48. The only satisfactory hypothesis is that the book was both arranged and published, after the author's death, by some literary friend of his at Rome, where he ordinarily kept his books and papers (cf. c.68.33-36). The posthumous editor arranged the poems in three general groups. First come sixty shorter poems on various themes all in iambic or logaoedic rhythms Then follows the group of longer poems (cc. 61-68b), introduced by the three epithalamia (cc. 61, 62, 64), with their Eros accompanied by the Anteros of c. 63; this group of poems begins with glyconics (c. 61), continues with dactylic hexameters (cc. 62, 64), divided by passionate galliambics (c. 63), and concludes with elegiacs (cc. 65-68b). It is followed by a third group of shorter poems (cc. 69-116), all in the elegiac metre, but as varied in theme as the first group. This division was suggested entirely by the metres and length of the poems, and not at all by their subject-matter; for the third group contains poems agreeing in subject and date with others in the first group (cf. e.g. c. 99 with c. 48, c. 81 with c. 24, c. 93 with cc. 29 and 57). Within each group poems on the same or similar themes occasionally stand together (e.g. cc. 2 and 3; cc. 61 and 62; cc. 88-91; cc. 110 and 111), but more frequently are divided by one or more poems on another, and often a contrasted theme (cf. cc. 5 and 7; cc. 21 and 23; cc. 62 and 64; cc. 69 and 71; cc. 70 and 72).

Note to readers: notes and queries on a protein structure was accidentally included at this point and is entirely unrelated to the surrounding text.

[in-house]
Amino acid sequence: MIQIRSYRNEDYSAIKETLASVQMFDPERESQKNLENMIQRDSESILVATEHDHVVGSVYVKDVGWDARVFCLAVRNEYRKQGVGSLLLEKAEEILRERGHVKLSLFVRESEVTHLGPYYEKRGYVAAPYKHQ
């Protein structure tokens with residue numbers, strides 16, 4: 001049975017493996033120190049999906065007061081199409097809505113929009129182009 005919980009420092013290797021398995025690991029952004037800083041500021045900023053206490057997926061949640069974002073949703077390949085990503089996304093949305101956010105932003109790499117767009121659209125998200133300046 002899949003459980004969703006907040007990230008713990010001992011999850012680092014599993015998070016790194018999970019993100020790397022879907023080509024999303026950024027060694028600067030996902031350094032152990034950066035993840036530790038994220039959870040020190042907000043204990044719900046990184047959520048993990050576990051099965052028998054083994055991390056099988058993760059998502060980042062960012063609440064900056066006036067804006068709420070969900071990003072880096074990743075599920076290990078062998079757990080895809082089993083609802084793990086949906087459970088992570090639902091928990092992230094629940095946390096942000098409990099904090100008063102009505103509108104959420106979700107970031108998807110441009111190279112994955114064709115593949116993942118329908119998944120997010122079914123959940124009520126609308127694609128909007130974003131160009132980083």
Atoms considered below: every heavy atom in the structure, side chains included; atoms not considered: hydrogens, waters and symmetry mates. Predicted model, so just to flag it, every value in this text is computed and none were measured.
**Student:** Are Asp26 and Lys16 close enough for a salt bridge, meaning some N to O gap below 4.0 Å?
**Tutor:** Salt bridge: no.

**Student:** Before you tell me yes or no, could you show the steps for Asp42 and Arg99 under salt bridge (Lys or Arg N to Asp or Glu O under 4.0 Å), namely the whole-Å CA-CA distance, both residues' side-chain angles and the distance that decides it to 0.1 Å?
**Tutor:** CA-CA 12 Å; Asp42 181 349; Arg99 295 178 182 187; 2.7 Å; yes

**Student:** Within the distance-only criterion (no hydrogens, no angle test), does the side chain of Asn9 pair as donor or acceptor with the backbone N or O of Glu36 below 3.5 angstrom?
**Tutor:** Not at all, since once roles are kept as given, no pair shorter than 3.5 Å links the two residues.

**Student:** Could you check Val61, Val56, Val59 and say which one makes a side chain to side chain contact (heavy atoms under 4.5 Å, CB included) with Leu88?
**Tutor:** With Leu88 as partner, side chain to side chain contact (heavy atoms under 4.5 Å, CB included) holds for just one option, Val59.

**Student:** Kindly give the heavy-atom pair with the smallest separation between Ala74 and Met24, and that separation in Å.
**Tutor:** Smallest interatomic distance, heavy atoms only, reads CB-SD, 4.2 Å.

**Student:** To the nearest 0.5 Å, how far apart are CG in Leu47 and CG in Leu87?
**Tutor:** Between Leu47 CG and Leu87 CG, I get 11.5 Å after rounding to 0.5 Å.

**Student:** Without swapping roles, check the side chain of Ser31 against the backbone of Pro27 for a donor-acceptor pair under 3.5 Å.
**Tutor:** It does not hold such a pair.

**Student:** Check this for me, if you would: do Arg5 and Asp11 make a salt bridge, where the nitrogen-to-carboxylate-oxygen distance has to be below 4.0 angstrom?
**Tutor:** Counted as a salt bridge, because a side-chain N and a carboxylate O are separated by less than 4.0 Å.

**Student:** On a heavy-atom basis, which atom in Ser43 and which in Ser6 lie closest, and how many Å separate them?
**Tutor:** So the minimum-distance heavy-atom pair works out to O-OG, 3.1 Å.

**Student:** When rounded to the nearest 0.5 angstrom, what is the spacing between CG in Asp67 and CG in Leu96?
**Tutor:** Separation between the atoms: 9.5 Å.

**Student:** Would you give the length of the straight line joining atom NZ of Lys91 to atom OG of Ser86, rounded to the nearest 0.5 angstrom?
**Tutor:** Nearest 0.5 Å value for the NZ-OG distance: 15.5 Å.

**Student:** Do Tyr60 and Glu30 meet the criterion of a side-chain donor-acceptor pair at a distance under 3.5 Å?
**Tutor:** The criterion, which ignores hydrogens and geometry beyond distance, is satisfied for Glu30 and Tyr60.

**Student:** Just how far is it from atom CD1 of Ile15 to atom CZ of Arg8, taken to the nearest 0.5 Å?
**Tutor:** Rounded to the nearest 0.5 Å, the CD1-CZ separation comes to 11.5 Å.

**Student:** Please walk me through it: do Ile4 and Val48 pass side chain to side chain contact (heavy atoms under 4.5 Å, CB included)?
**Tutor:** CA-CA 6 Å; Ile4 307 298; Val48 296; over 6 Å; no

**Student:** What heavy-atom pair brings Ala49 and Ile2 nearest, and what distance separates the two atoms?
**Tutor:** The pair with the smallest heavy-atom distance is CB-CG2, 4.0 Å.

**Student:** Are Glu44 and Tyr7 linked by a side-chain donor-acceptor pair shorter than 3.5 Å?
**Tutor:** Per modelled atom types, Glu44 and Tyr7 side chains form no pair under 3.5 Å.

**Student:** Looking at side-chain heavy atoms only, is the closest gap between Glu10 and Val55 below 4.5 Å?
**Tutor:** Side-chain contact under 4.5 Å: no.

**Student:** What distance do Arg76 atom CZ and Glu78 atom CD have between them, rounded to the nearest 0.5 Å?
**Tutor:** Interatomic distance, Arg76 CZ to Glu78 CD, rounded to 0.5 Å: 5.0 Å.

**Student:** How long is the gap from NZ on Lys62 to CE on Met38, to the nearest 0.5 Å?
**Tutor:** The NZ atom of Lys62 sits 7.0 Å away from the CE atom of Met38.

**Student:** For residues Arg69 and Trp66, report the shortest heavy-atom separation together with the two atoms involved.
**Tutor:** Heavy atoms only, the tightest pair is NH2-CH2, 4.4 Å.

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Friends and foes.
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